Normal Outlets With Optimization
Often for the design of retarding basins, it is necessary to gain full advantage of either storage limitations or discharge limits at various locations within the drainage systems. This can depend on the maximum storage available at a particular basin site, or maximum discharge the downstream reach can contain.
To enable the design of the retarding basin to incorporate one or the other of these features, optimization of the normal outlet pipe size is available.
It is usual to assume an initial pipe size and the program will adjust this size until is within a specified tolerance from the desired storage volume or basin discharge. The initial assumption should be as near as practicable to the final pipe size in order to minimize computing time. Lengthy optimization will generate lengthy computer runs.
Weir Type Spillways
At present RAFTS allows a broad crested weir spillway to be included separately and additional to a stage/discharge curve. A default coefficient of 1.7 has been adopted. Should a different coefficient be required then this may be assigned in the basin input data.
To allow for spillways of unusual geometry or hydraulic properties, RAFTS allows the input or a weir stage/discharge curve additionally to the normal outlet curve. This option then replaces the standard weir equation within the model.
Weir submergence is taken into account with assessing overflows with the interconnected basin option. RAFTS recognized different submergence coefficients for broad crested, ogee, and sharp crested weirs respectively. Differentiation is selected via the weir coefficient being 0 to 1.75, 1.75 to 2.00 and above 2.00 respectively. The adopted coefficients are listed below:
To enable the outflow characteristics of a fuseplug spillway in RAFTS, a routine has been included that models the time sequence of the flow through the fuseplug spillway over a range of storm events up to maximum probable flood.
Spillway erosion rates are included in the routine, and data is input in the form of; the base stage, the sill stage and effective width of the spillway.
Further details on this type of spillway, including required input data, are given in the figure below:
Parameters A1 and B1 used in the fuseplug spillway definition are also used to define hydraulically interconnected basins and therefore a fuseplug spillway cannot presently be modelled with an upstream interconnected basin.
Low Flow Pipes Under Basins
Often in the design of retarding basin, a low flow pipe is incorporated to carry flows up to the pipe capacity through the basin unrouted. XPRafts will model this situation.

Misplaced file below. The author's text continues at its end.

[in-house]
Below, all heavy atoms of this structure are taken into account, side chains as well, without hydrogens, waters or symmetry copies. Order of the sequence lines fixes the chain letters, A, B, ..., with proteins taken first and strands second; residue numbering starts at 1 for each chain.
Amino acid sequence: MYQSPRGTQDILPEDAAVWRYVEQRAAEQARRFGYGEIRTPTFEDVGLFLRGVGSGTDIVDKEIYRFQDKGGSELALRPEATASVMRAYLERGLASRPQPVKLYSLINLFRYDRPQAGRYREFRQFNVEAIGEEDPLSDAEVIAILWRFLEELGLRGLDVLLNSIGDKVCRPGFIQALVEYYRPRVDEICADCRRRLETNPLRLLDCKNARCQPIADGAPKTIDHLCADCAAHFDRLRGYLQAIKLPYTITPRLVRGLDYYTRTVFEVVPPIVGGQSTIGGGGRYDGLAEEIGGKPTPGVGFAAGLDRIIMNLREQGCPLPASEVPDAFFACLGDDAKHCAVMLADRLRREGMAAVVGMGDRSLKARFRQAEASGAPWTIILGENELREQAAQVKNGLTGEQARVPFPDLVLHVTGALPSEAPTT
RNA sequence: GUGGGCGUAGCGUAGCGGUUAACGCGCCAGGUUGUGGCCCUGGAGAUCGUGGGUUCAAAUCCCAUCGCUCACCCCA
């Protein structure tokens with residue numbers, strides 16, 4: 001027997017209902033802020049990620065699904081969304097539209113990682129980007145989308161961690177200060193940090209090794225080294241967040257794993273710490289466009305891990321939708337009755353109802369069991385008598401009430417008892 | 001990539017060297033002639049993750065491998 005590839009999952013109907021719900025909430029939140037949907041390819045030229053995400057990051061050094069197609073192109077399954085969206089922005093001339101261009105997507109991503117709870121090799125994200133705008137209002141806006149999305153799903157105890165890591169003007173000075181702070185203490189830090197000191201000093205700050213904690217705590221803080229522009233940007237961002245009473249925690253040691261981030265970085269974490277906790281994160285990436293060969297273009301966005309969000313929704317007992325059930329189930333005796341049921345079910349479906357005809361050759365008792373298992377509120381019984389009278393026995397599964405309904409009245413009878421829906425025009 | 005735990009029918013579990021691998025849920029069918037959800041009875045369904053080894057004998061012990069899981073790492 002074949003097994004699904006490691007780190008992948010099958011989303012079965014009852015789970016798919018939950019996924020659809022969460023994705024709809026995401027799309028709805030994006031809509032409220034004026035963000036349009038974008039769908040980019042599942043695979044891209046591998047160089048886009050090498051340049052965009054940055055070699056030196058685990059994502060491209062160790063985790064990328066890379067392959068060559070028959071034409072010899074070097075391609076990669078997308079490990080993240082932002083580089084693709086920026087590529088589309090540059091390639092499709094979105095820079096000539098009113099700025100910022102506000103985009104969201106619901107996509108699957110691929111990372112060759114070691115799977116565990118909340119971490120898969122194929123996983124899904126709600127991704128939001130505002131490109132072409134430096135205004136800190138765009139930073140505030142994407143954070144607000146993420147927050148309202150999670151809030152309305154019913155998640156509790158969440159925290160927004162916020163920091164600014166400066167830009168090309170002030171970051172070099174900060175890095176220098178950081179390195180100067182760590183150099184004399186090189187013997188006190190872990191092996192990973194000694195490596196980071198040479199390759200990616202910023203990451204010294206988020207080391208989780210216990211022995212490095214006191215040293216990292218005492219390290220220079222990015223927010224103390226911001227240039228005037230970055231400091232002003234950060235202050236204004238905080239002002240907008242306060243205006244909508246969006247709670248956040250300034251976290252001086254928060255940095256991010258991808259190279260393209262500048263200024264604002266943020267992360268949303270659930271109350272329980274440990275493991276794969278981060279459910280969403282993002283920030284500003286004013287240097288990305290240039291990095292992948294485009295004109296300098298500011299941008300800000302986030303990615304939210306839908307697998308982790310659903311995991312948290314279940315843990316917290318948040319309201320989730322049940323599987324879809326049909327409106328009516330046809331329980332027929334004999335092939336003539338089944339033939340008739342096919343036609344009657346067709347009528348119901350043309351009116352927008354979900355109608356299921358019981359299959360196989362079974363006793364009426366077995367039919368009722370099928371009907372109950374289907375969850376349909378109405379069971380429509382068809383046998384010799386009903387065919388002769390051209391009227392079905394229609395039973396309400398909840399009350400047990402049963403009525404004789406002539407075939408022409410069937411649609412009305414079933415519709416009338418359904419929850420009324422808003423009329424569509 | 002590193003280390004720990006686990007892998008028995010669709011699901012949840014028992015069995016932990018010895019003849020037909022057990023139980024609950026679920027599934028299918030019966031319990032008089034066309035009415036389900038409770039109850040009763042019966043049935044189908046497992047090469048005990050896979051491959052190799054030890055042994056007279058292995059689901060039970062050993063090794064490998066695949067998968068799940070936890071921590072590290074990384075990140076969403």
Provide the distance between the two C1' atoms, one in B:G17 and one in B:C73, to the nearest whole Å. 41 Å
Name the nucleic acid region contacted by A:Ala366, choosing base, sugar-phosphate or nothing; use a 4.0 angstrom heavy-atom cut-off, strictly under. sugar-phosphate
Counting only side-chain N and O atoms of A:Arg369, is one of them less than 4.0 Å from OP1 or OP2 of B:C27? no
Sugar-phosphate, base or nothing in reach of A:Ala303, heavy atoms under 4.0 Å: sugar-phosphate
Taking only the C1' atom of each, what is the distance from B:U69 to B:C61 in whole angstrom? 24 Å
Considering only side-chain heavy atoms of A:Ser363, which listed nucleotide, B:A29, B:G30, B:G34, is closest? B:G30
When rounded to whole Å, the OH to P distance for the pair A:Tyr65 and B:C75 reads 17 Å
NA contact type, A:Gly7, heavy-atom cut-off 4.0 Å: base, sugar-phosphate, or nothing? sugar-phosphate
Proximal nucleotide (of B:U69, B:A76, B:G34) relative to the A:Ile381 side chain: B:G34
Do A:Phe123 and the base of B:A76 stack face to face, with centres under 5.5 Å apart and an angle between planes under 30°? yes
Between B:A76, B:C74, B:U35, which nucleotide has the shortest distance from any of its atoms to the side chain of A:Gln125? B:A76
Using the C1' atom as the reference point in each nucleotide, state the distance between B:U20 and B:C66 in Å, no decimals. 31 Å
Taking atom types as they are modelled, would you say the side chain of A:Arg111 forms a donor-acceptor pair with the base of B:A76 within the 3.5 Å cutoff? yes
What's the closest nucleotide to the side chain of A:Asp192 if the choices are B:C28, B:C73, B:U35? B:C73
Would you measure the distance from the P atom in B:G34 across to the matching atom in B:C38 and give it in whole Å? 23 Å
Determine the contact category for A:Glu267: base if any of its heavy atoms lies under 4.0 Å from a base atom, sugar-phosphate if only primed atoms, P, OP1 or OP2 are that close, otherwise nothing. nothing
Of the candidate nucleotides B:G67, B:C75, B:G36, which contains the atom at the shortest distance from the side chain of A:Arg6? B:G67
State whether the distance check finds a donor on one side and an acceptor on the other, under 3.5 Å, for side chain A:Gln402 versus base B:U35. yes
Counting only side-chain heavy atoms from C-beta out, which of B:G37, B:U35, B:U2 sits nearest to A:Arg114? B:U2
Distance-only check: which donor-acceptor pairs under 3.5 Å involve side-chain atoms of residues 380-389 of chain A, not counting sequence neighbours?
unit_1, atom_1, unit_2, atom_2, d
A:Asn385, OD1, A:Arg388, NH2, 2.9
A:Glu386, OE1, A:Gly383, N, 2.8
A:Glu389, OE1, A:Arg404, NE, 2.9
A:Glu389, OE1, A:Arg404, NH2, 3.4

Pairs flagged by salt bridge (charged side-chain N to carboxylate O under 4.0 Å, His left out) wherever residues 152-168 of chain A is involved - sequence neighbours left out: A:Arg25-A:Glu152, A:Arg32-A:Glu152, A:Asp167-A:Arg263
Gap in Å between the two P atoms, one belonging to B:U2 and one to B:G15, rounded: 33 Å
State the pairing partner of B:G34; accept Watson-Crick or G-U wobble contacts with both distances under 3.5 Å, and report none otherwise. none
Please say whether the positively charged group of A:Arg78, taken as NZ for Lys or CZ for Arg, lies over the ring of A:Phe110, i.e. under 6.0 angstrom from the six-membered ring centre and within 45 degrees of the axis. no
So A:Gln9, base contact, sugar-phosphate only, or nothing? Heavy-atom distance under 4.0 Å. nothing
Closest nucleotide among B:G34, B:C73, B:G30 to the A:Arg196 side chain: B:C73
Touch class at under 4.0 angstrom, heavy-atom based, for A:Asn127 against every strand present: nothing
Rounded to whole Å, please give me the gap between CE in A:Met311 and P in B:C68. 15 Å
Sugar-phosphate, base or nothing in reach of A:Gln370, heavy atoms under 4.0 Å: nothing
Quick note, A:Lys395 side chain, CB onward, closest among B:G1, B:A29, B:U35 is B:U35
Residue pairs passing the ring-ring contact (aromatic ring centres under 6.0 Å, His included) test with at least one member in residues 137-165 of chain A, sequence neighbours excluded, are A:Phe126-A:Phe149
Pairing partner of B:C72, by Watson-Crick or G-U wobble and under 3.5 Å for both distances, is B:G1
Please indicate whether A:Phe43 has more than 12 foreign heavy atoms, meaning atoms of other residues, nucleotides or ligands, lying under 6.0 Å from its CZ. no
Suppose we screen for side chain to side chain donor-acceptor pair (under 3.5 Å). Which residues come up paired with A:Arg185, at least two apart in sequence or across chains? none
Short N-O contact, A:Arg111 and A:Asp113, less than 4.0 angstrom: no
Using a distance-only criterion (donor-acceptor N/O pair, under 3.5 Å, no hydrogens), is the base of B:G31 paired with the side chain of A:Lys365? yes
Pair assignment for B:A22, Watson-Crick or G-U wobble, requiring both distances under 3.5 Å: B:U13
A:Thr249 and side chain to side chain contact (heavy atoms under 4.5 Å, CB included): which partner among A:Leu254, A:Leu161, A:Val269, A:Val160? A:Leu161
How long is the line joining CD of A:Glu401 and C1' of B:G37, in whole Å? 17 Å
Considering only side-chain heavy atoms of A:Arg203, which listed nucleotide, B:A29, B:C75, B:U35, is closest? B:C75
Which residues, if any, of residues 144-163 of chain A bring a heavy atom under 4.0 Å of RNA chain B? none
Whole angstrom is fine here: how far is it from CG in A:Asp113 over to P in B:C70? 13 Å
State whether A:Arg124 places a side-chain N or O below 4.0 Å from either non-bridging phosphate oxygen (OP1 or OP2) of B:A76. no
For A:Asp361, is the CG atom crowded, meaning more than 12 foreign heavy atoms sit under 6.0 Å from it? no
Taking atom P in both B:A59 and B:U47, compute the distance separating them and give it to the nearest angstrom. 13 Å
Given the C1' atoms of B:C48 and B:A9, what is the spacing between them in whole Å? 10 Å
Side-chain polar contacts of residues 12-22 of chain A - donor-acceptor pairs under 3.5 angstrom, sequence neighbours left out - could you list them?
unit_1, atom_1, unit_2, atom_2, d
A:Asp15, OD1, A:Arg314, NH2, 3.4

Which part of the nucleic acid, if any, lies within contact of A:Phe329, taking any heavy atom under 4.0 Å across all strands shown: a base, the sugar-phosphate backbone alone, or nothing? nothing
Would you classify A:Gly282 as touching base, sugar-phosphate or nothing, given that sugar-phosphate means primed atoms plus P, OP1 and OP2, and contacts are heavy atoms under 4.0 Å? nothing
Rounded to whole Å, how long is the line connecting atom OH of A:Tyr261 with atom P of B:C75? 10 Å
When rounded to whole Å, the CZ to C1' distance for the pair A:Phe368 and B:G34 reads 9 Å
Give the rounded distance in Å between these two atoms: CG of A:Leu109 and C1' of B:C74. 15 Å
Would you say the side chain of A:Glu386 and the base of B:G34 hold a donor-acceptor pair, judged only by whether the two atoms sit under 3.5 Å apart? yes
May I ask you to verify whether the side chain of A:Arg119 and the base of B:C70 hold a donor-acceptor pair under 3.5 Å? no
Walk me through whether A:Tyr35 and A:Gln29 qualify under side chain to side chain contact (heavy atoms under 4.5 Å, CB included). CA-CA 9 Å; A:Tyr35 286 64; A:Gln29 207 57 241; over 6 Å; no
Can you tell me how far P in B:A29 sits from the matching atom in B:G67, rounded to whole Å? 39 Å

The pipe capacity is input as the unrouted base flow and the program will separate this flow from the hydrograph obtained at the particular location. The remainder of the hydrograph is routed through the basin.
Multiple Orifice Type Outlets With or Without Optimization
A variation in outlet design for retarding basins can include the use of an orifice type outlet. This usually involves the construction of a tower with a number of openings at different levels. The lower openings act as the normal outlet and the upper openings act as spillway or secondary routing structure.
Additional weir type spillway can, of course, be incorporate into the basin embankment. Multiple orifice outlets are often used to maximize routing effects for both low and high flows within the limits of overall basin storage.
XPRafts presently allows for two levels of orifice type outlets with the option to optimize both outlet sizes to predetermined storage requirements.
Discharge through the orifice outlet of unit width is defined as follows:
Qo=discharge through the orifice (m3/s)
Cd=coefficient of discharge
h= height of orifice (m)
w=width of orifice opening=1.0
H=head over orifice invert (m)
g= acceleration due to gravity
Variations to the orifice width are achieved by a multiplication factor. Details of input variables related to single or multiple level orifice outlets are shown in the figure below:
Orifice stage/discharge data must be defined by a stage/discharge curve. PDIA is defined, in this instance, to be a width factor, i.e. PDIA should normally be set to 1 (1.0xS/D coordinates). A maximum of two orifices are allowed.
Other multiple level outlets other than an orifice can be similarly modeled as long as they can be represented by a single S/D rating curve or ratio thereof.